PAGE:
roman_pearce

Mr. Roman Pearce

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17 years, 217 days
CECM/SFU
Research Associate
Abbotsford, British Columbia, Canada

I am a research associate at Simon Fraser University and a member of the Computer Algebra Group at the CECM.

MaplePrimes Activity


These are answers submitted by roman_pearce

You can try using higher level constructs like map, seq, or add instead of loops, and then using Threads:-Map, Threads:-Seq, or Threads:-Add.  It's hard to predict how well that will work.  A better option might be to use the task model and make the body of your loop a task.  See the help page ?Threads,Task

@Carlo Carminati 

Every time you do C := [op(C), ..]  it is going to copy all of C.  That will make your program slow.  You need to use tables like in the following example:

C := table():
nc := 0;
for i from 1 to 10 do
  C[i] := i;  # any value
  nc := nc + 1;
end do;
 

Can you check the memory usage of the mserver process?  That's the Maple kernel.  I think you're just seeing the interface which is a separate process.

with(PolynomialIdeals):

J := <x^2-1>;

K := <x-1>;

IsPrime(J);  # false

L := Quotient(J,K);

IsPrime(L);  # true

Use the dsolve command to solve differential equations and systems.

In the command line version I don't know how to do it.  In the GUI you can right click the equation and select "NumericFormatting..." and it should work.  Is that giving you an error?

For a polynomial system with rational number coefficients, you might try the RationalUnivariateRepresentation command.  In general, the algorithm used by UnivariatePolynomial is not that fast.

Wow this is a blast from the past.  Use groebner not std, as it will use a linear algebra method or the Groebner walk.

-bash-4.1$ singular
SINGULAR /
A Computer Algebra System for Polynomial Computations / version 3-1-0
0<
by: G.-M. Greuel, G. Pfister, H. Schoenemann \ Mar 2009
FB Mathematik der Universitaet, D-67653 Kaiserslautern \
> ring r=(0,a,b),(y,x),lp;
> ideal I=a*x^3-3*x*y+b,x^2*y-2*y^2+x;
> groebner(I);
_[1]=(2a2-3a)*x6+(4ab-3b-9)*x3+(2b2)
_[2]=(6b)*y+(2a2-3a)*x5+(2ab-3b-9)*x2
> groebner(I)[1];
(2a2-3a)*x6+(4ab-3b-9)*x3+(2b2)
> poly f = groebner(I)[1];
> f;
(2a2-3a)*x6+(4ab-3b-9)*x3+(2b2)
>

The results are likely to be huge, and the coefficients (in 12 parameters) of the univariate polynomials will be too large to be useful.  You should plug in values for the parameters if possible.

PrimeDecomposition returns prime ideals whose intersection is the radical of the given ideal.  Prime ideals do not factor and do not have multiple roots.  PrimaryDecomposition returns primary ideals whose intersection is the original ideal.  These do not factor properly, but may have multiple roots.  This is best illustrated with an example.  The Simplify command shows a Groebner basis.  Without Simplify, you will get the original generators plus some new polynomials in each component.

with(PolynomialIdeals);
J := <x^2*y^2>;
Simplify(PrimeDecomposition(J));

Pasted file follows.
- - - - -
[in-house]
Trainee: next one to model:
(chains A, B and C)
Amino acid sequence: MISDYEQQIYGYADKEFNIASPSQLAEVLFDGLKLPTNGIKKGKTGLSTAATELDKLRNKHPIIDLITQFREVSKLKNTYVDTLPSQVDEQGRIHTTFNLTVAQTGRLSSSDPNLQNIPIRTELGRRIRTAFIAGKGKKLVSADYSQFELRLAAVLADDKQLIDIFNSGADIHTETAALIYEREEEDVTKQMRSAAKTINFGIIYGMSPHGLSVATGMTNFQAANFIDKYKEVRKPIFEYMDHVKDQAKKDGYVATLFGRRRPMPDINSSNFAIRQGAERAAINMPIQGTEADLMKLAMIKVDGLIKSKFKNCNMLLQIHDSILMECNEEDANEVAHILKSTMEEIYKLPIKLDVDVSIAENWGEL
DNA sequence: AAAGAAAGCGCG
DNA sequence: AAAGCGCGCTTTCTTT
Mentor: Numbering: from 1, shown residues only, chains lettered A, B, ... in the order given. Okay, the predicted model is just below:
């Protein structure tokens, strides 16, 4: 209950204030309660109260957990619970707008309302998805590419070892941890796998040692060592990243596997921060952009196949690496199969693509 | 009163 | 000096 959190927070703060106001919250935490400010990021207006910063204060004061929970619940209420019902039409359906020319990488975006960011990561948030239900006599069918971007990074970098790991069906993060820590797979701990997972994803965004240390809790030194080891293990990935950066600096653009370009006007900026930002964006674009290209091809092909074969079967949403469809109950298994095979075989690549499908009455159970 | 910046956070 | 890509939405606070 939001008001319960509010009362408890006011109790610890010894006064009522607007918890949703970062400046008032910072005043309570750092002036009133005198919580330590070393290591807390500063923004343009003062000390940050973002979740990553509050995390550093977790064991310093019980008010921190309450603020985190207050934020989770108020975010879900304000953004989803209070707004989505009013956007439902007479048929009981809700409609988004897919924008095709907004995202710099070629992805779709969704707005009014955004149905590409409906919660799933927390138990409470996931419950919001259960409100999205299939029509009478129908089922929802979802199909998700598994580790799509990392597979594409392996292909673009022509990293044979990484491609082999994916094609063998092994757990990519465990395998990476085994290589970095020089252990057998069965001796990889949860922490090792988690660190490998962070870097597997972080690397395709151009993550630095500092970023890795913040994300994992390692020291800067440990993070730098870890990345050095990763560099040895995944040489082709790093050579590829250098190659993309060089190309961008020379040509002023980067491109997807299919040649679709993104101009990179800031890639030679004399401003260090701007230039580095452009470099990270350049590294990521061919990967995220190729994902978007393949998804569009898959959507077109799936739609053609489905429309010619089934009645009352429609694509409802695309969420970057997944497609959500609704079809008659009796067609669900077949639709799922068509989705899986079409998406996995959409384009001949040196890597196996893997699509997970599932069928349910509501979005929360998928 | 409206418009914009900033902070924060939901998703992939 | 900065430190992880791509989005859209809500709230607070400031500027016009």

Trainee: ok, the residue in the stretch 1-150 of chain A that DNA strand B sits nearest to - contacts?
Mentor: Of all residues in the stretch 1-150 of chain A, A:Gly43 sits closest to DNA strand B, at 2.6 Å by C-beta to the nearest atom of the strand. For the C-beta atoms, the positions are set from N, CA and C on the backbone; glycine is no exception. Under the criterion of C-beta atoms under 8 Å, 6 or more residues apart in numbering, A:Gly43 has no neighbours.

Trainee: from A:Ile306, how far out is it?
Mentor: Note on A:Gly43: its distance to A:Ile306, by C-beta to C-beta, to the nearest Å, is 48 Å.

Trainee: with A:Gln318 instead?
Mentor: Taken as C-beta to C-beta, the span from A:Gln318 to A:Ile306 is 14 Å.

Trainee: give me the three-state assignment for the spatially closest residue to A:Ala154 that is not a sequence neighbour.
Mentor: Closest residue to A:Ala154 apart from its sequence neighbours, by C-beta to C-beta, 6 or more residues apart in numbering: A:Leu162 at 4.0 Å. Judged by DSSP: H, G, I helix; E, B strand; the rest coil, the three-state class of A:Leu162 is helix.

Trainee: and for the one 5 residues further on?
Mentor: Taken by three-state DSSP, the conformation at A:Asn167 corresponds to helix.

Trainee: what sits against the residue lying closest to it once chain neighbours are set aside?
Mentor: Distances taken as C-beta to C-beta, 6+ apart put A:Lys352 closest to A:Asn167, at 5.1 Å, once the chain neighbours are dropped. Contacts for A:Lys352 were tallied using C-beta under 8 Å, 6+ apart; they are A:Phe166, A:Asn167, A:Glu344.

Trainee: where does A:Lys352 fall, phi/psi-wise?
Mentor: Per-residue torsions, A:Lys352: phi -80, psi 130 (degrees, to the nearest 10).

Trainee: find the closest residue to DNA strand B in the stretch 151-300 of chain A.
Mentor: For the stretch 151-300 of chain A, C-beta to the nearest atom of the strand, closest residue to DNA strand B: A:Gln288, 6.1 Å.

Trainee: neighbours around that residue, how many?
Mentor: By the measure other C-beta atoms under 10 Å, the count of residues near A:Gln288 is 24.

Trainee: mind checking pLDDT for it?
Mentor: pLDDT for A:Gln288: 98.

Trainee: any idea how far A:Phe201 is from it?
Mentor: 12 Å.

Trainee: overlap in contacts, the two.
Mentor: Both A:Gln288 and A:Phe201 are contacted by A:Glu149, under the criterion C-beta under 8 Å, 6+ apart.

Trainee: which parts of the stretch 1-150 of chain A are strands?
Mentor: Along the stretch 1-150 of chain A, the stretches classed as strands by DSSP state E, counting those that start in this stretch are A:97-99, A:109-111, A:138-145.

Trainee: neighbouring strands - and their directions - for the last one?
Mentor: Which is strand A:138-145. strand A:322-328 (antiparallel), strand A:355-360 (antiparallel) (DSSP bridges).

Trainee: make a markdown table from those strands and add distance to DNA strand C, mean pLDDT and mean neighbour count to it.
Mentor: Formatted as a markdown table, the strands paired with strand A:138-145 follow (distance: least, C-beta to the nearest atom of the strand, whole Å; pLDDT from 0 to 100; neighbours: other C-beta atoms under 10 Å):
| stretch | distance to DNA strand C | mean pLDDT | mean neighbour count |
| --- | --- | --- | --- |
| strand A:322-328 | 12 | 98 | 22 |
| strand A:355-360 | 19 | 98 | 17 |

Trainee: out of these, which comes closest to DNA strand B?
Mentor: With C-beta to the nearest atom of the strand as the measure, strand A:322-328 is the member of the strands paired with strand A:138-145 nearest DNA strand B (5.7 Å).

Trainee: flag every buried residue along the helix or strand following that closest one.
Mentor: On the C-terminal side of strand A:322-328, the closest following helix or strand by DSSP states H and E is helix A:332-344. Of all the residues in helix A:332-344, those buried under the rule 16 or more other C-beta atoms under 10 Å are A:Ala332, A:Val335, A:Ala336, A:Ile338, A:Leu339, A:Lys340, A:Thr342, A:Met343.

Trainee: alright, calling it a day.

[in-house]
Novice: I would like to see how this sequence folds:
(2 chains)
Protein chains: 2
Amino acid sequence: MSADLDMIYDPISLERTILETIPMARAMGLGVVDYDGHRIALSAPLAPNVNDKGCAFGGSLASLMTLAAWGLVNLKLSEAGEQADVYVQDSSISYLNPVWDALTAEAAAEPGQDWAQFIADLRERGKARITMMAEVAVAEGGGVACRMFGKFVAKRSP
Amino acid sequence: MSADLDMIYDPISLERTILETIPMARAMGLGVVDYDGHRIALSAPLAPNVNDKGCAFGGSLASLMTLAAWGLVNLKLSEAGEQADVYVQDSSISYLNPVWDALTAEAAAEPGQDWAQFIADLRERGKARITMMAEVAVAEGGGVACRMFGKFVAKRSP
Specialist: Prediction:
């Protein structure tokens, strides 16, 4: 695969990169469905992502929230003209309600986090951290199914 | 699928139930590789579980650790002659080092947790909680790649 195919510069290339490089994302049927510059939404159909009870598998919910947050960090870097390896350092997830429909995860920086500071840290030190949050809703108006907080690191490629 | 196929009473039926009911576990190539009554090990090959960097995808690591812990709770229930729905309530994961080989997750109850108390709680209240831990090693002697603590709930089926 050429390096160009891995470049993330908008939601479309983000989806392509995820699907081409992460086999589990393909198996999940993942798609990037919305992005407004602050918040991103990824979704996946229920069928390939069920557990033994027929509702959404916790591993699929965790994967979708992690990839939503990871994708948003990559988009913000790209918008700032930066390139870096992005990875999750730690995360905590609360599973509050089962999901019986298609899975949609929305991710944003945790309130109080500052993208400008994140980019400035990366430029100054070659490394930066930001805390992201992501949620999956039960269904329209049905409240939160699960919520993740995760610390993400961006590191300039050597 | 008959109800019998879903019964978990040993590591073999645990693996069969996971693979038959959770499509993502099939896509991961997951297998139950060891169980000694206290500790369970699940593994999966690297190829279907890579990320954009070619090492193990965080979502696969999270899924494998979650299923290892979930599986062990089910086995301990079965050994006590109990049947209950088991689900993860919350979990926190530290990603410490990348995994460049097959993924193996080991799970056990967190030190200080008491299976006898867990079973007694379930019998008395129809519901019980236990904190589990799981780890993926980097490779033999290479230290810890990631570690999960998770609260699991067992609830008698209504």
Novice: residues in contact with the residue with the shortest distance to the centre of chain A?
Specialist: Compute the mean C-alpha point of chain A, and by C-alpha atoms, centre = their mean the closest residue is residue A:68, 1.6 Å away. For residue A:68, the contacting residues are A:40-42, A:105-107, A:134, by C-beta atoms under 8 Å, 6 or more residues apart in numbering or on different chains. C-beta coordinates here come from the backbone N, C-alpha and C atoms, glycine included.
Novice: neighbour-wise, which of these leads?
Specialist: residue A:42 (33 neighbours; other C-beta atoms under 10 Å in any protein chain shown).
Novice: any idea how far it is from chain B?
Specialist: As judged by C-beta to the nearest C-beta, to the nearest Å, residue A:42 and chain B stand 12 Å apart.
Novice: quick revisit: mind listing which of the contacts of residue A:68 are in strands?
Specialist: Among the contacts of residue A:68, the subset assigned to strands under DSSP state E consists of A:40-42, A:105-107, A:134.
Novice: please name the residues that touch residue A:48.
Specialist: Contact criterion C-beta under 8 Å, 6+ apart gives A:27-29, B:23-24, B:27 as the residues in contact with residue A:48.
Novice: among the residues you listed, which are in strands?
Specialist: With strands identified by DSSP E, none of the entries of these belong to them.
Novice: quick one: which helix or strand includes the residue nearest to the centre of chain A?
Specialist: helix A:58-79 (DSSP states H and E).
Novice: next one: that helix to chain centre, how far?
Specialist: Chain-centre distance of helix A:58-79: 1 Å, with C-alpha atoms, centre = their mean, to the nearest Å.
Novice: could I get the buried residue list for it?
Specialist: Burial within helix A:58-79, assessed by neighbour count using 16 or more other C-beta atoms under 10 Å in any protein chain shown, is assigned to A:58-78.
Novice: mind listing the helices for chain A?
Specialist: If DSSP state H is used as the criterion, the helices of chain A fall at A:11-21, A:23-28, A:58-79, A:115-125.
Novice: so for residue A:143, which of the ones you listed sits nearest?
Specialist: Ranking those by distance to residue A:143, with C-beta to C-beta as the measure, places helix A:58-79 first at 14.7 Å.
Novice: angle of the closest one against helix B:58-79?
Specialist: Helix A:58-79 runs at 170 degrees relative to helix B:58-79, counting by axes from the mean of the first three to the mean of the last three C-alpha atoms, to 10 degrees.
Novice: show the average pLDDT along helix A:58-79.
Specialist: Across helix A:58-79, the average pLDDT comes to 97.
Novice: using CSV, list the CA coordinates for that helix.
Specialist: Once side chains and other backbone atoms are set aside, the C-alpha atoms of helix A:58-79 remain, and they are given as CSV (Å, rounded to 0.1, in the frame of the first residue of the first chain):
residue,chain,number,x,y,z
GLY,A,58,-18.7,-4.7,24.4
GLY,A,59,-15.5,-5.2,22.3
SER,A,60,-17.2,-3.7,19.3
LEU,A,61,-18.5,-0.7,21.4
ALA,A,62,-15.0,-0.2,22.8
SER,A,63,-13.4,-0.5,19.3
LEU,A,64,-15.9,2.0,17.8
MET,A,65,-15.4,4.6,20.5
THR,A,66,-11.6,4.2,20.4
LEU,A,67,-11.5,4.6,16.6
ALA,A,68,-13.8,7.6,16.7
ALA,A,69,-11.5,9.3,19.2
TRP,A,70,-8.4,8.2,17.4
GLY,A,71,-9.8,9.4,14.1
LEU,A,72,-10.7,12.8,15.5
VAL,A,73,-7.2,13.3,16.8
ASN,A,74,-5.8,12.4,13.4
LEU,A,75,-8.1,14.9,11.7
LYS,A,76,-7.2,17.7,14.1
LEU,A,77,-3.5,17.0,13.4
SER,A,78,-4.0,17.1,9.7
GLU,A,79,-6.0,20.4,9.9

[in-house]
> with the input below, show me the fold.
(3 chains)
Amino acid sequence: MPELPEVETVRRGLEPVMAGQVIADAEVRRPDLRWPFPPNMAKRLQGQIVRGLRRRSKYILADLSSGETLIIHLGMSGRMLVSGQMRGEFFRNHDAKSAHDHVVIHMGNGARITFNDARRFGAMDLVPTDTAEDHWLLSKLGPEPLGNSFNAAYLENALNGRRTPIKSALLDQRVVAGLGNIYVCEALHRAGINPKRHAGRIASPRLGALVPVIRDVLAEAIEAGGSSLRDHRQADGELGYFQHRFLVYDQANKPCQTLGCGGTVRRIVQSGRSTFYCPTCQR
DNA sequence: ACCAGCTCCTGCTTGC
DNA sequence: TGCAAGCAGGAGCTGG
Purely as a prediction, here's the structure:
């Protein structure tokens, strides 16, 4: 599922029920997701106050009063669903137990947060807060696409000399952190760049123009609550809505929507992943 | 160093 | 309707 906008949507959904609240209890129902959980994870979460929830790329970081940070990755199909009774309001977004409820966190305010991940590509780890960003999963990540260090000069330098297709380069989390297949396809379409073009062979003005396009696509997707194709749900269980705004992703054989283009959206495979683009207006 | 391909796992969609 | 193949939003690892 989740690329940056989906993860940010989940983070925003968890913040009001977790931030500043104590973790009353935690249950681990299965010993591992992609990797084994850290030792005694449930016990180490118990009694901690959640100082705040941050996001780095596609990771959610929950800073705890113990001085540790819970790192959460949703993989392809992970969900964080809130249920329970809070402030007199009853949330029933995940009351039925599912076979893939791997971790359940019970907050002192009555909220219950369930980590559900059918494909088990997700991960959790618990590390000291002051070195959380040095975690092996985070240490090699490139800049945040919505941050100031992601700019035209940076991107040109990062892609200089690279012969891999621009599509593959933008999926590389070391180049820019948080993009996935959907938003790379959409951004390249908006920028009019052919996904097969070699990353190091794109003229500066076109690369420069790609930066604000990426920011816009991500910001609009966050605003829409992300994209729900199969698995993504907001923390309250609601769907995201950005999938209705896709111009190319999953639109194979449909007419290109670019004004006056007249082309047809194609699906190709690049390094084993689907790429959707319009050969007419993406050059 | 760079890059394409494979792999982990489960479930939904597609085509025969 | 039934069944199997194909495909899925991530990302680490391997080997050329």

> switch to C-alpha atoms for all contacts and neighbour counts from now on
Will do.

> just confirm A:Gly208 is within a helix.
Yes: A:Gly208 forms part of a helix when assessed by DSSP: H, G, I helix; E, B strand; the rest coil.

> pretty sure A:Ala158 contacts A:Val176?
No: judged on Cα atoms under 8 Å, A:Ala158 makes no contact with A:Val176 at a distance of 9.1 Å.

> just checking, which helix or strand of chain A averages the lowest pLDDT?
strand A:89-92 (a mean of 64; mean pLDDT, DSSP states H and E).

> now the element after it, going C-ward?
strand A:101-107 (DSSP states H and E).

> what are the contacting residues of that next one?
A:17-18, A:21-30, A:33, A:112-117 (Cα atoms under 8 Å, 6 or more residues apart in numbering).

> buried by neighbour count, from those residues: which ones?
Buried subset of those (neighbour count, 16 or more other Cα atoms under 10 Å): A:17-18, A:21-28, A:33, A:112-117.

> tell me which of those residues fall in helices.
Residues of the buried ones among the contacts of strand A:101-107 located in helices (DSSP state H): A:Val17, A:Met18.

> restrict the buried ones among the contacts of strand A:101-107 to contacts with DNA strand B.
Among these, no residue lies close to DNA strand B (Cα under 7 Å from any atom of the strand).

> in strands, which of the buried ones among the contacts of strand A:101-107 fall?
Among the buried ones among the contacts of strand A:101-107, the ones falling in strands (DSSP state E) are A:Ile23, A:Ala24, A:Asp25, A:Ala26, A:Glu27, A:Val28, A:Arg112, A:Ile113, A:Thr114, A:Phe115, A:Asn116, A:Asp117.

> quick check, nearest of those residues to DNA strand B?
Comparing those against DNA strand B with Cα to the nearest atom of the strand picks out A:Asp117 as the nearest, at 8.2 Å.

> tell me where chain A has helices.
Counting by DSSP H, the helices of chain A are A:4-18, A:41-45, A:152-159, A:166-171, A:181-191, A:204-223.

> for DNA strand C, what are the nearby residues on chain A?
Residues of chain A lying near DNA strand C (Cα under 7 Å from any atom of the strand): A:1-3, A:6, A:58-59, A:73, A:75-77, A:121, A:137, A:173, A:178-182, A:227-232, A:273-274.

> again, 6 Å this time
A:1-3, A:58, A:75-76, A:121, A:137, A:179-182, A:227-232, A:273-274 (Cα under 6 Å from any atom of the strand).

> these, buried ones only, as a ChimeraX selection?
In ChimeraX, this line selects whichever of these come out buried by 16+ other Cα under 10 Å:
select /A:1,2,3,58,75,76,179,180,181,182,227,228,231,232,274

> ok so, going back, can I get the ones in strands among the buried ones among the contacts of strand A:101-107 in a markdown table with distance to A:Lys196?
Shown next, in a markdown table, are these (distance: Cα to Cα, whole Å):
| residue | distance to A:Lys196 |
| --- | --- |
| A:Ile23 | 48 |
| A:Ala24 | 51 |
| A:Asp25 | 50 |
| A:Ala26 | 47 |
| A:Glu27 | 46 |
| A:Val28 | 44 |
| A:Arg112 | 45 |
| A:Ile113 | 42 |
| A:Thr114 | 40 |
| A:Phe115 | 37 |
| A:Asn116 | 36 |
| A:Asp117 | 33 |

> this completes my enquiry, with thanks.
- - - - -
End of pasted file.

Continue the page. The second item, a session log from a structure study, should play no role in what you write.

Simplify(PrimaryDecomposition(J));

For most arithmetic use mod:

f := 5*x^2 + 2*x - 3;

f mod 2;

Expand(f*f) mod 11;

There really should be a command for this.  Explanation follows, but G[1] is your polynomial.

G := Groebner:-FGLM([a^4+a+1, x-a^3], plex(x,a), plex(a,x), characteristic=2);

The problem maps nicely onto an elimination of variables.  Given the field equation a^4+a+1=0 and the relation a^3=x, we construct a polynomial system and eliminate a to obtain a polynomial in x only.  It just so happens that these equations have a particularly nice form.  In general, if you had a big mess you could do the following, and Maple would try to figure out the best way to eliminate variables:

G := Groebner:-Basis([a^4+a+1, x-a^3], plex(a,x), characteristic=2);

In this case though you have a triangular system of equations in which each variable appears as the largest term of one equation.  This is a lex Groebner basis with x > a.  The command at the top applies a linear algebra method for converting Groebner bases, literally searching for linear dependencies among the powers of x=a^3.  It finds one at x^4.

It uses sparse linear algebra.  It should be reasonably fast.

Applications create threads but have no control over how or when they are run.  Those decisions are made by the operating system scheduler.  In general you're going to need to know how that works, and then you can use tools to assign priorities to achieve something like the desired result. What you are specifically asking to do is probably not possible outside of a real-time OS.  In general you have much less control over how things are run, unless you use Linux and write your own operating system scheduler.

Keep in mind that the time command measures total cpu time, which is typically higher for parallel programs.  The time[real]() command will measure elapsed wall time, as in:

restart: with(Threads):

Statistics[Mean]([seq(time[real](add(1/i, i = 1 .. 50000)), j = 1 .. 10)]);

Statistics[Mean]([seq(time[real](Add(1/i, i = 1 .. 50000)), j = 1 .. 10)]);

This example does not show good speedup.  I have in fact had trouble getting good speedup out of Threads:-Add and Threads:-Seq.  The task model generally works better.

Maybe you want a least squares approximation.  Here's a quadratic:

f := CurveFitting:-LeastSquares(points,x,curve=a*x^2+b*x+c);

P := plots:-pointplot(points);

C := plot(f,x=0..60);

plots:-display(P,C);

 

 

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